From Mobilization to Demobilization: Dynamics of Contention in the Austerity-driven Slovenia

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Joanna Rak

Abstrakt

The article aims to trace the dynamics of contention in austerity-driven Slovenia, explain why it ended, through the processes of demobilization, despite the protest movement’s initial successes, and verify the explanatory power of Charles Tilly and Sidney Tarrow’s theoretical framework of demobilization. The analysis applies the method of source analysis, conceptual qualitative content analysis, and the conceptual framework of contentious politics. In doing so, it addresses the research problems of the dynamics of contention in Slovenia and why the contention resulted in demobilization. The article argues that after mass mobilization an upward scale shift appeared. The shift moved the contention beyond its local origins in Maribor, touched on the interests and values of new subjects, and involved a shift of venue to sites where the demands might have been met by state institutions. The dynamics of contention was a cycle of active and passive contentious episodes. The movement identity shift and successful recognition of its claims influenced the performances and episode sequence. The processes of demobilization started when people stopped attending protests, organizing particular performances, and implementing innovations to modular performances instead. Demobilization occurred when most of the protesters became discouraged from protest through boredom and a desire to return to everyday routines.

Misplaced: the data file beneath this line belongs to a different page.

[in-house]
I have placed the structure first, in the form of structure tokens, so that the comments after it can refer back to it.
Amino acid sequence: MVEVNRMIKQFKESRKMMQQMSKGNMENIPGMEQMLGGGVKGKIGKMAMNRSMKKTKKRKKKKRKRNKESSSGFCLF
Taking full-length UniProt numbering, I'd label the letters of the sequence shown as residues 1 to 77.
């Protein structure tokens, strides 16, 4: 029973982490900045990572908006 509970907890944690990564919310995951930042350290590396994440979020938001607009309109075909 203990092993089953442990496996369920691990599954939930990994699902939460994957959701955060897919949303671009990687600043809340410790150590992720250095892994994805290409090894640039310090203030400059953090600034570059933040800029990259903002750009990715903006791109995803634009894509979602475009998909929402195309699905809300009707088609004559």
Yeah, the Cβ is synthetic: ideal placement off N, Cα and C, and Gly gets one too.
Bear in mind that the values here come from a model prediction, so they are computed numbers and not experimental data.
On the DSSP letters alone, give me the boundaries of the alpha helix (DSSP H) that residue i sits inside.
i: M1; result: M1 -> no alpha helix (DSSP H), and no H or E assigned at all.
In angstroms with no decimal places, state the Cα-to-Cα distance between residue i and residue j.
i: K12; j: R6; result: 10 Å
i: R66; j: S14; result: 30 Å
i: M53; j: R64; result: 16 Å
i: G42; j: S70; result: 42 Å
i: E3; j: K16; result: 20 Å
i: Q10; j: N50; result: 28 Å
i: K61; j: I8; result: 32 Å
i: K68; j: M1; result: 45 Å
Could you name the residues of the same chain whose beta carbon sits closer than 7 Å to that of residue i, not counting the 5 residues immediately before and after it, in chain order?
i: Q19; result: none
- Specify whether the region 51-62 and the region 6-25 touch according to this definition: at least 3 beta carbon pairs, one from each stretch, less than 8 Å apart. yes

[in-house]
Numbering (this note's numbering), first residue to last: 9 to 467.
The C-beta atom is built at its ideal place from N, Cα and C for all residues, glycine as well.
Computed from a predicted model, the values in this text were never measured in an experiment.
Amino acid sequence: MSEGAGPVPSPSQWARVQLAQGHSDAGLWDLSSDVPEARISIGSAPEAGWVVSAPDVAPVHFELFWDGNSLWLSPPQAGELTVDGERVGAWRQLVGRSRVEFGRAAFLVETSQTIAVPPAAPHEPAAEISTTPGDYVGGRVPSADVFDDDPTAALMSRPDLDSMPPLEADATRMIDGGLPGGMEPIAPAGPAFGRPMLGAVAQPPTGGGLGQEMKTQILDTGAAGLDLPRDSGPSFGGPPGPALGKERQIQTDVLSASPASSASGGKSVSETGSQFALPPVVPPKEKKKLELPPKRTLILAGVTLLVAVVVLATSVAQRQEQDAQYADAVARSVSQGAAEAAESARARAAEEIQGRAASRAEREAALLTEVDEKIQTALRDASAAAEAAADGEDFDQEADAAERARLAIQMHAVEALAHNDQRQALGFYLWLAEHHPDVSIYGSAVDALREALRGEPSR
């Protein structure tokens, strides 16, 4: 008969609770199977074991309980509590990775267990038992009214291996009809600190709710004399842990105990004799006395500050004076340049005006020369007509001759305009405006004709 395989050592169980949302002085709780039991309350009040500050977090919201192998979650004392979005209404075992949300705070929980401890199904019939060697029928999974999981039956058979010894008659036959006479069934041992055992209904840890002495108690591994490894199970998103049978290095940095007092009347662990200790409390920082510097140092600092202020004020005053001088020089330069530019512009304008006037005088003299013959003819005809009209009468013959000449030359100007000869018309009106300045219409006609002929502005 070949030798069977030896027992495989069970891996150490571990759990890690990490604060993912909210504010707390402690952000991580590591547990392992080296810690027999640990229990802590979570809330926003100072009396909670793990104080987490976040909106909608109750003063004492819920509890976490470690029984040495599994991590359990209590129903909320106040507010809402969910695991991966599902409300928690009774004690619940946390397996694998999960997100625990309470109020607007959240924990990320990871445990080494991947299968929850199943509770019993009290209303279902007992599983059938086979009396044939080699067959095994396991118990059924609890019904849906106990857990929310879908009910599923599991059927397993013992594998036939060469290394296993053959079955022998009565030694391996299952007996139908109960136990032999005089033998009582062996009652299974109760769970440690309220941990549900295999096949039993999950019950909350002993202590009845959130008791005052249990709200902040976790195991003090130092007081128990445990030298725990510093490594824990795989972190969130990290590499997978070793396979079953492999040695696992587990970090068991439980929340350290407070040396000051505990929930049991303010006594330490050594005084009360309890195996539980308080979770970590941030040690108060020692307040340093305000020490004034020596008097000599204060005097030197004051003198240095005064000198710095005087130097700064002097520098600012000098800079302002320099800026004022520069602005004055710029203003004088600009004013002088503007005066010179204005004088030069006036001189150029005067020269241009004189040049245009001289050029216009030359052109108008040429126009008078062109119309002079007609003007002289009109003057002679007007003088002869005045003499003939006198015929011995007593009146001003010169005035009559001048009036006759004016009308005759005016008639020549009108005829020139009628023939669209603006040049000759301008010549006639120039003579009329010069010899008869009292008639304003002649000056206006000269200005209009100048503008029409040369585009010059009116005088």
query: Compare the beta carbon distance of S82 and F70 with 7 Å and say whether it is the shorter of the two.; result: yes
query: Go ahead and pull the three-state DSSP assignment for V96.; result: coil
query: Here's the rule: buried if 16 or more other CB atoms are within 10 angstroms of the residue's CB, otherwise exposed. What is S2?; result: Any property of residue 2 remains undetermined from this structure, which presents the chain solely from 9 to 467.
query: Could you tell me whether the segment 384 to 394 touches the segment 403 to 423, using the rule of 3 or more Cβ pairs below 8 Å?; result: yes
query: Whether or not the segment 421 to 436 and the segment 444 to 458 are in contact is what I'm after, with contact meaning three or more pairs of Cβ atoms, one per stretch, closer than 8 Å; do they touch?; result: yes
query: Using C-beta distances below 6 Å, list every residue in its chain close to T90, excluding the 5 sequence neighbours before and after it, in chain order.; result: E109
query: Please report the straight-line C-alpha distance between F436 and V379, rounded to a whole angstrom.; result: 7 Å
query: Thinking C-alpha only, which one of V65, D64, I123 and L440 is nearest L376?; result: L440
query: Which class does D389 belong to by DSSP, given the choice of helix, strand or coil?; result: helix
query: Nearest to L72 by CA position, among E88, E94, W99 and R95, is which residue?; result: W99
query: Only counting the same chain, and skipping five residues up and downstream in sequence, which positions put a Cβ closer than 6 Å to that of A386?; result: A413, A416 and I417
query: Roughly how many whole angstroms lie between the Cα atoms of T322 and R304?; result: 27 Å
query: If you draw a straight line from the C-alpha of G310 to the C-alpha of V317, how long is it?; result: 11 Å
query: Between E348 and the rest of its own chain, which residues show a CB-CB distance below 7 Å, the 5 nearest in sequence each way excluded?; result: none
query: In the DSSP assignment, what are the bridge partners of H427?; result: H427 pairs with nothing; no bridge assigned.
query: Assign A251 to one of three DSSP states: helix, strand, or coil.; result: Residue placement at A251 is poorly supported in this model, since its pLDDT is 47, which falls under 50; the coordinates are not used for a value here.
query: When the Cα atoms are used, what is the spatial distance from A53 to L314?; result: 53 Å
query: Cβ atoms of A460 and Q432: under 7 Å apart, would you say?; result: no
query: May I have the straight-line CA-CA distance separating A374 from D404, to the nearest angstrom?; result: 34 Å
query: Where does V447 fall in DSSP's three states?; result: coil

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Rak, J. (2018). From Mobilization to Demobilization: Dynamics of Contention in the Austerity-driven Slovenia. Środkowoeuropejskie Studia Polityczne, (3), 49-64. https://doi.org/10.14746/ssp.2018.3.4
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Joanna Rak, Adam Mickiewicz University in Poznań

PhD, Assistant Professor at the Department of Political Culture at the Faculty of Political Science and Journalism, Adam Mickiewicz University in Poznań. In 2016–2018, she was a visiting researcher and professor at CEU San Pablo University in Madrid. She was the principal investigator of the research project The Culture of Political Violence Dynamics of Anti austerity Movements in Europe and researcher in the Contemporary Russia: Between Authoritarianism and Totalitarianism project financed by the National Science Centre, Poland. The author of the book Theorizing Cultures of Political Violence in Times of Austerity: Studying Social Movements in Comparative Perspective (Routledge, New York 2018). Research interests: cultures of political violence, dynamics of radicalization, anti-austerity movements, political epistemic apparatuses, and social mobilization.

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